The Value of Art in Music

Thoughts from Austin’s Rap Ambassador, Tee Double

Words by Adam Gestwicki  Photos by Eric Morales

“Other people won’t value it, or give it any worth until you see the value in it first.”

For most musicians starting out, they sometimes don’t understand the business behind music, how to make themselves lucrative, or how to brand their work as valuable. They don’t know if there’s space for their sound. Terrany will tell you, “Sometimes artists are so happy they get into a venue; they don’t care what the stipulations are. They see getting a few free beers as thanks enough for a half hour set.” In no other business are three beers enough compensation for the work provided, so why is that suddenly okay in these situations?

Terrany Johnson, rapping under the moniker Tee Double, began making music at the age of 7. By the age of 9, he produced and shipped out his first mix tape. On weekends, he’d go to Sears with his mother. While she shopped, he’d rig up microphones to tape recorders, press play on one stereo and record on another. He’d make a demo tape in the time it took her to shop or at least have a few tracks down before customer service got wind of what he was doing. You can probably guess this was the 90’s with the technology he was working with.

Fast forward to today—his home studio is more impressive than most recording spaces. There’s a lineage of gear stacked up: each keyboard and drum machine iconic for the certain sounds it produces. Walk into the room and you’ll be met with a continuous pulsing of sound, rhythmically weaving itself together, encasing you into a beat. Every time he mentions a keyboard, he talks about the importance of its unique sound. Its signature tone is something the machine owns and can’t be duplicated. That’s wisdom he expels to anyone else with whom he works: “Own your Music.” Adherent to that ideology, it’s important to put value on your art and craft. His belief is that “other people won’t value it, or give it any worth until you see the value in it first.”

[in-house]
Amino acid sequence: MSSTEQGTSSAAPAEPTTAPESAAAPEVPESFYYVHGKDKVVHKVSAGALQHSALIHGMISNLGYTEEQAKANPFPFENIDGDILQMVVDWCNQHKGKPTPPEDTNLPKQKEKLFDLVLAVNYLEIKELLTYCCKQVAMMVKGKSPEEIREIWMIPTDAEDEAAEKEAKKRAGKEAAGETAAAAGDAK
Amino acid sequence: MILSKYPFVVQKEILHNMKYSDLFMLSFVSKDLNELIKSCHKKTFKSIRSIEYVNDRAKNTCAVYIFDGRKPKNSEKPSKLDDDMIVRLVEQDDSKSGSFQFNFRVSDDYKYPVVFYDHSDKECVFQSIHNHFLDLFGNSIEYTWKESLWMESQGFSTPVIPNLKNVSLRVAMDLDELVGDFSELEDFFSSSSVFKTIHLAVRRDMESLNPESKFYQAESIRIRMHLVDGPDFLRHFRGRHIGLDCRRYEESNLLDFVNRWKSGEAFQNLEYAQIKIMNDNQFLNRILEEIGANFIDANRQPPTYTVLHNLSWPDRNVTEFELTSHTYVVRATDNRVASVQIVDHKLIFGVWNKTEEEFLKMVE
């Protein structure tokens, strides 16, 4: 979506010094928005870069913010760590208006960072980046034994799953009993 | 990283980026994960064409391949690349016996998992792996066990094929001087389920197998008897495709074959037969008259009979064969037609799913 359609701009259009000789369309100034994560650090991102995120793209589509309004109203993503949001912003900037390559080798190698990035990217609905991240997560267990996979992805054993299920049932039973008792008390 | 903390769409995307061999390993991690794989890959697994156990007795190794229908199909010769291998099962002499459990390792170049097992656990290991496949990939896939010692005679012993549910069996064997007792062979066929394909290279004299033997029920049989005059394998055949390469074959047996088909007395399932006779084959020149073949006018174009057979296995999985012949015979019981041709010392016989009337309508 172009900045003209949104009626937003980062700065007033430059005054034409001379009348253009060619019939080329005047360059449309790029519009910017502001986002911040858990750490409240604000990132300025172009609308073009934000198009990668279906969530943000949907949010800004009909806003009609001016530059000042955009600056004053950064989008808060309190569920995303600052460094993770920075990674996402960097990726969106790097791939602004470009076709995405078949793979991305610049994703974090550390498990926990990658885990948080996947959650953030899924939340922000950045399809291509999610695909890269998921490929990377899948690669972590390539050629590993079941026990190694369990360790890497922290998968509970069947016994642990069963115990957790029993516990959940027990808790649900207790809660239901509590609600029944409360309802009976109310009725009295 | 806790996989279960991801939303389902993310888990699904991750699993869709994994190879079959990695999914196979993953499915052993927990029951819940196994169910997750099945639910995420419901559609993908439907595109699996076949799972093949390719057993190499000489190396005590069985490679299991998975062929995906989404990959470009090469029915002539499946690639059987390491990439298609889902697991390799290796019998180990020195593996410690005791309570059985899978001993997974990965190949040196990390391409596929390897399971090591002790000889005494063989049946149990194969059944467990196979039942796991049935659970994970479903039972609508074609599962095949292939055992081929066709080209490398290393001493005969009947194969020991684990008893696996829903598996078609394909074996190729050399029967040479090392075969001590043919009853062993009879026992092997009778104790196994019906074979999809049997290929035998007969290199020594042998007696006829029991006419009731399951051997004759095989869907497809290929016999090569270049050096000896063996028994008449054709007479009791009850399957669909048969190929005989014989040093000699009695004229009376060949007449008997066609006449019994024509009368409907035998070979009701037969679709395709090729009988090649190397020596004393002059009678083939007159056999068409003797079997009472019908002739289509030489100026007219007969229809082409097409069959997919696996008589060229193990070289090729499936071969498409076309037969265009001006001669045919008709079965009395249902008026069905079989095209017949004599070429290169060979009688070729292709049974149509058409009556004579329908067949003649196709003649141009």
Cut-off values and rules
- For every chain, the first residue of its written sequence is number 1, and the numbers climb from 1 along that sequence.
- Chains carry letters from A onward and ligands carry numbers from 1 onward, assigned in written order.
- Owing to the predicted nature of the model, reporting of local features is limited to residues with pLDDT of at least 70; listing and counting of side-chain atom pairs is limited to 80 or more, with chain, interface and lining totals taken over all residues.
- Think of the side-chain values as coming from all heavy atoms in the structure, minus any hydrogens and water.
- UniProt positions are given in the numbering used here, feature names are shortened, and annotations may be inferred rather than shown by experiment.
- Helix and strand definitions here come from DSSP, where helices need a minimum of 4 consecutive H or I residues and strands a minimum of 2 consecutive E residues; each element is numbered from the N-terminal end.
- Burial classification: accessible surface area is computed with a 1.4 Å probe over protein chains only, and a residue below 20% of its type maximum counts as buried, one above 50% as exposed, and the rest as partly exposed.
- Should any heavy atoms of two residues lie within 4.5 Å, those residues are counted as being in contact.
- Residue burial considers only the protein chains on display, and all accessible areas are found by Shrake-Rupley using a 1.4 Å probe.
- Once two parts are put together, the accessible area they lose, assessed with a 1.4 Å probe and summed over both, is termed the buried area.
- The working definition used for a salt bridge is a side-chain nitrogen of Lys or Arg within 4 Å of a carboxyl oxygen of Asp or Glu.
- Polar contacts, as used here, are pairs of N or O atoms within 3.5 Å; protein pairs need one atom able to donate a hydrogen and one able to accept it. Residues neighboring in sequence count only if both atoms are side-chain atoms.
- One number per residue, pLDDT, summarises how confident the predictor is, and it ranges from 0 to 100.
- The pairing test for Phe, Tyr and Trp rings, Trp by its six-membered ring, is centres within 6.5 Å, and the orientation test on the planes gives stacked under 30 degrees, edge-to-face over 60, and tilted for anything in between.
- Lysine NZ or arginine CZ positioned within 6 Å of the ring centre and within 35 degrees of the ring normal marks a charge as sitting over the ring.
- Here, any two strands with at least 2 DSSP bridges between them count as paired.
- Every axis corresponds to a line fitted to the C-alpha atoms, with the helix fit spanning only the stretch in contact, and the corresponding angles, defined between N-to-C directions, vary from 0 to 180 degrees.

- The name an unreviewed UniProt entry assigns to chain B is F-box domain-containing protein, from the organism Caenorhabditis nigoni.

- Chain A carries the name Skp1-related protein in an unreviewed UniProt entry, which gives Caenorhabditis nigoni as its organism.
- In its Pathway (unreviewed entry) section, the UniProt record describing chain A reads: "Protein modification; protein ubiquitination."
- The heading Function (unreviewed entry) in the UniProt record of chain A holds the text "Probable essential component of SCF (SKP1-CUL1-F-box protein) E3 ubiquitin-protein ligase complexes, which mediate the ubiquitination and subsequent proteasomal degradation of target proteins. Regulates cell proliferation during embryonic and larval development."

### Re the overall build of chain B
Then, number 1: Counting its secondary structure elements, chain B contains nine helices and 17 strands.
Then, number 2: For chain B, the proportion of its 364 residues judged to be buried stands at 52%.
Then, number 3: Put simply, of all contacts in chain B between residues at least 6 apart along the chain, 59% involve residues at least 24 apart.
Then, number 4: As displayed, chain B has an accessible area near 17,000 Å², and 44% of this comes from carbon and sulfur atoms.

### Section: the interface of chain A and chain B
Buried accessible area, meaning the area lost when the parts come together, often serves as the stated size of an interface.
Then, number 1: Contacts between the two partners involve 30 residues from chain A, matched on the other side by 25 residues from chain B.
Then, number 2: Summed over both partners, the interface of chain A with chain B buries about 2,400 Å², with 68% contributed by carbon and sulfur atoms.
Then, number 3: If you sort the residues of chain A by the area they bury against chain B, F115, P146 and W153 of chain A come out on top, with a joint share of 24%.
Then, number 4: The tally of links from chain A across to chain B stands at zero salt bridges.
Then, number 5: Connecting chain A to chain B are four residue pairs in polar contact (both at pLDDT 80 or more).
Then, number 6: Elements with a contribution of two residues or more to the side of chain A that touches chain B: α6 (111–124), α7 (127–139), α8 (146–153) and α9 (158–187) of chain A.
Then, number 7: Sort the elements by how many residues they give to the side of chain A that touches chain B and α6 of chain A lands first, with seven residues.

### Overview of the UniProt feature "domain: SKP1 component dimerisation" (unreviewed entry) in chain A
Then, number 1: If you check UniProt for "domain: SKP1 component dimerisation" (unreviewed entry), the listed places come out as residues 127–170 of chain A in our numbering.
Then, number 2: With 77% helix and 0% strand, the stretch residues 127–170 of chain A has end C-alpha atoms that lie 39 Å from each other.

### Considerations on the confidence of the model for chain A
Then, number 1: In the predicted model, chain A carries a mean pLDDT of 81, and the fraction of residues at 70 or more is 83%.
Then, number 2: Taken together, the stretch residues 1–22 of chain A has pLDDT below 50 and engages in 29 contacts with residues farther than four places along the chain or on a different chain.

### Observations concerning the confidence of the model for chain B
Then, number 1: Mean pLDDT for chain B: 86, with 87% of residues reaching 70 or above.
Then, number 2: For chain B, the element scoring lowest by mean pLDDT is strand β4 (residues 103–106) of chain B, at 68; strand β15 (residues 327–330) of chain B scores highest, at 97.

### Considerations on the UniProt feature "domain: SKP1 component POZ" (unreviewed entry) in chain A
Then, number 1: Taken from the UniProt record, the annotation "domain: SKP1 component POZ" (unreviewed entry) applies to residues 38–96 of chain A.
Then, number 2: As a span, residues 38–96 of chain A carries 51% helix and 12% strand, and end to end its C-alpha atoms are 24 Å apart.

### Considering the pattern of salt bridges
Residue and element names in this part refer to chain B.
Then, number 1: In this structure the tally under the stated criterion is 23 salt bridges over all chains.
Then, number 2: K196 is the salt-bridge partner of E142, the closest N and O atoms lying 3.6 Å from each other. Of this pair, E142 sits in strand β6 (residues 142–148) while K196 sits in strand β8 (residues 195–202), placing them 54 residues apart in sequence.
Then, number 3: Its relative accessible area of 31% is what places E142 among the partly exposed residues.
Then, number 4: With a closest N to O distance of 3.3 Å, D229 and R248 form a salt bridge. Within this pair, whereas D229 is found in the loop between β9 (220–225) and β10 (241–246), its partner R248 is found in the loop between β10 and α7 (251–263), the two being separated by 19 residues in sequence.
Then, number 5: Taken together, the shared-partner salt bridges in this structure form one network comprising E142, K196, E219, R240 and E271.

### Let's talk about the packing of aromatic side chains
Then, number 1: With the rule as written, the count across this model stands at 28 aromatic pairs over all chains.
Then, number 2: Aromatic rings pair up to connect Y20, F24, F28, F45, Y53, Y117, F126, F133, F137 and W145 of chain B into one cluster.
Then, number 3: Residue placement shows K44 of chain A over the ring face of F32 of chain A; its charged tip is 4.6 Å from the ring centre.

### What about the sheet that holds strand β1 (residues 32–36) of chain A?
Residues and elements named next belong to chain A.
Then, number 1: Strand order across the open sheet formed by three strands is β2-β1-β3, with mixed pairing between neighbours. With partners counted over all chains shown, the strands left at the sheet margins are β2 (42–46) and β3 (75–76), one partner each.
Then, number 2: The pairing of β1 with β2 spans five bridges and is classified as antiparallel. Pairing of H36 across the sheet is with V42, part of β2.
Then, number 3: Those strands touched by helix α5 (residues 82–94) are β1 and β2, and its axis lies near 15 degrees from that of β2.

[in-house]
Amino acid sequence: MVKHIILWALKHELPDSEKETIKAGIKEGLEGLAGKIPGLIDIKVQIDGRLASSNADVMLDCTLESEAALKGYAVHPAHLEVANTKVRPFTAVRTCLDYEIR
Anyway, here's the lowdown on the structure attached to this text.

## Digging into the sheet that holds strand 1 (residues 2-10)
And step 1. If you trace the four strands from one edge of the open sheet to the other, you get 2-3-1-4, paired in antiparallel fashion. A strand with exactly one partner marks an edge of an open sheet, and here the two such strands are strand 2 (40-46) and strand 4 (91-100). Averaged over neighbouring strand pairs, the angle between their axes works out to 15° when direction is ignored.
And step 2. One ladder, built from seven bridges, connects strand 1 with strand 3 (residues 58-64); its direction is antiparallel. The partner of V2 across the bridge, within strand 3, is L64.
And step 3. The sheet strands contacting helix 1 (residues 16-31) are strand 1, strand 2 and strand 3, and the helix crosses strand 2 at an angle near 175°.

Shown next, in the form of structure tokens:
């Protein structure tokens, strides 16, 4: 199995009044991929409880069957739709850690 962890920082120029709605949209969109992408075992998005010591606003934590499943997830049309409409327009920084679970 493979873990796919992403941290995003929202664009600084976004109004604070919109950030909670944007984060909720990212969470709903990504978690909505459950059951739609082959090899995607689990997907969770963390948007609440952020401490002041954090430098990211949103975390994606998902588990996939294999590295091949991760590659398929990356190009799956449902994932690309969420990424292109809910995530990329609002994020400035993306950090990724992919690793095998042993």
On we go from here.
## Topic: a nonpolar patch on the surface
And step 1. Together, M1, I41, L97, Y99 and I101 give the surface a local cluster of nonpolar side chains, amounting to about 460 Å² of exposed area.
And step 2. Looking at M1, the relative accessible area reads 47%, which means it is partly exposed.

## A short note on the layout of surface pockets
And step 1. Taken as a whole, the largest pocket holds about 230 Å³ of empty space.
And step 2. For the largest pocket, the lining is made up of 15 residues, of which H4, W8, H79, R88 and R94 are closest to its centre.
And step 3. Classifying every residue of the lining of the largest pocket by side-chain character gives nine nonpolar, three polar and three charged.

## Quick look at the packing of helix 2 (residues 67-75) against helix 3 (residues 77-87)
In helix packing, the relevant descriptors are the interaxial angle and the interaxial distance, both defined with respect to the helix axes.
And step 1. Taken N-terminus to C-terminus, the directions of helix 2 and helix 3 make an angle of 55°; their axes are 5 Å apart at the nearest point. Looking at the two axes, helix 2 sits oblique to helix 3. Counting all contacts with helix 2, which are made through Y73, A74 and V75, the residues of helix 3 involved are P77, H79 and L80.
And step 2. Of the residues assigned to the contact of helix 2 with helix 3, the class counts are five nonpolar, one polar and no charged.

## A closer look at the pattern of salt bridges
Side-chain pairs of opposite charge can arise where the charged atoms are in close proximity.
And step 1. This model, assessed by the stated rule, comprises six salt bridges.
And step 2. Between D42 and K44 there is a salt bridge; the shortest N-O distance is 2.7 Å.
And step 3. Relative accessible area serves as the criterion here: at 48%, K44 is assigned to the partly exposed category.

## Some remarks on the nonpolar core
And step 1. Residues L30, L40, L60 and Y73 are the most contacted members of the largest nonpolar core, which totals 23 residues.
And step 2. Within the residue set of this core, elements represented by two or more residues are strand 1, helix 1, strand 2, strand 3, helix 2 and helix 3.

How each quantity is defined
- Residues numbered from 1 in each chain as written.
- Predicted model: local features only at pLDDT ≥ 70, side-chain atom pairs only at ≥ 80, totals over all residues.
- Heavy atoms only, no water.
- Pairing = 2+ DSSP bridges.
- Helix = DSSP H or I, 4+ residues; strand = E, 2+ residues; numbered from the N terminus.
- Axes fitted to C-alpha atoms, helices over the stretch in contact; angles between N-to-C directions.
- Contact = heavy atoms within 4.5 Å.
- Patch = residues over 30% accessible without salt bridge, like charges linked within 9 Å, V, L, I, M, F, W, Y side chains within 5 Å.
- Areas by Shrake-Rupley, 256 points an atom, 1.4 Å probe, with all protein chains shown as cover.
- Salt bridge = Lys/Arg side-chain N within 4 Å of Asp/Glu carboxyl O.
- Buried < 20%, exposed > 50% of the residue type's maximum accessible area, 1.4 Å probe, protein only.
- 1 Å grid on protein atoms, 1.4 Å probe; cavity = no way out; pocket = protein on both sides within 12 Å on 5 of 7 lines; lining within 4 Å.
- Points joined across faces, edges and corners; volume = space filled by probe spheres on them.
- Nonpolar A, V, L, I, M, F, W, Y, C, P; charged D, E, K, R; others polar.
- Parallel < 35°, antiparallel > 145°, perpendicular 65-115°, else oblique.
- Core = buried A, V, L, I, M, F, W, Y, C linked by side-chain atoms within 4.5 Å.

He hasn’t slowed down since his start but has gone on with the same tenacity, releasing at least two albums per year, and being an active proponent in Austin’s music community, whether it be through working on the board at SXSW or Black Fret, an organization that serves to give financial support and music grants to up-and-coming artists and groups. All of his work has culminated into founding and working through the UAA (Urban Austin Alliance).

“I started the Alliance as a means to help artists where I wish I would’ve had help. Not only in talking to venues, but helping them understand how to manage their income, save for recording equipment, even sometimes helping them record and produce. That can be a struggle, when you’ve been broke, and someone gives you $5,000. In the long run, $5,000 is nothing if you don’t use it the right way. In the moment, it looks like every problem you’ve ever had has been solved and you’ve got everything you’ve ever wanted… and you finally have enough for that PS4 you wanted.”

He says he’s called the Ambassador because he’s the guy who gets things done—the guy who doesn’t mind being in the trenches with venues and making sure everyone’s getting what they deserve. He’s constantly working and making a space for sound in Austin for up-and-coming R&B artists. This is not to say that venues are the enemy. Terrany will say that when artists succeed, the venue succeeds. People get excited about talent, they want to see talent, and venues should be looking for what they find of value in you, rather than just filling a bill.



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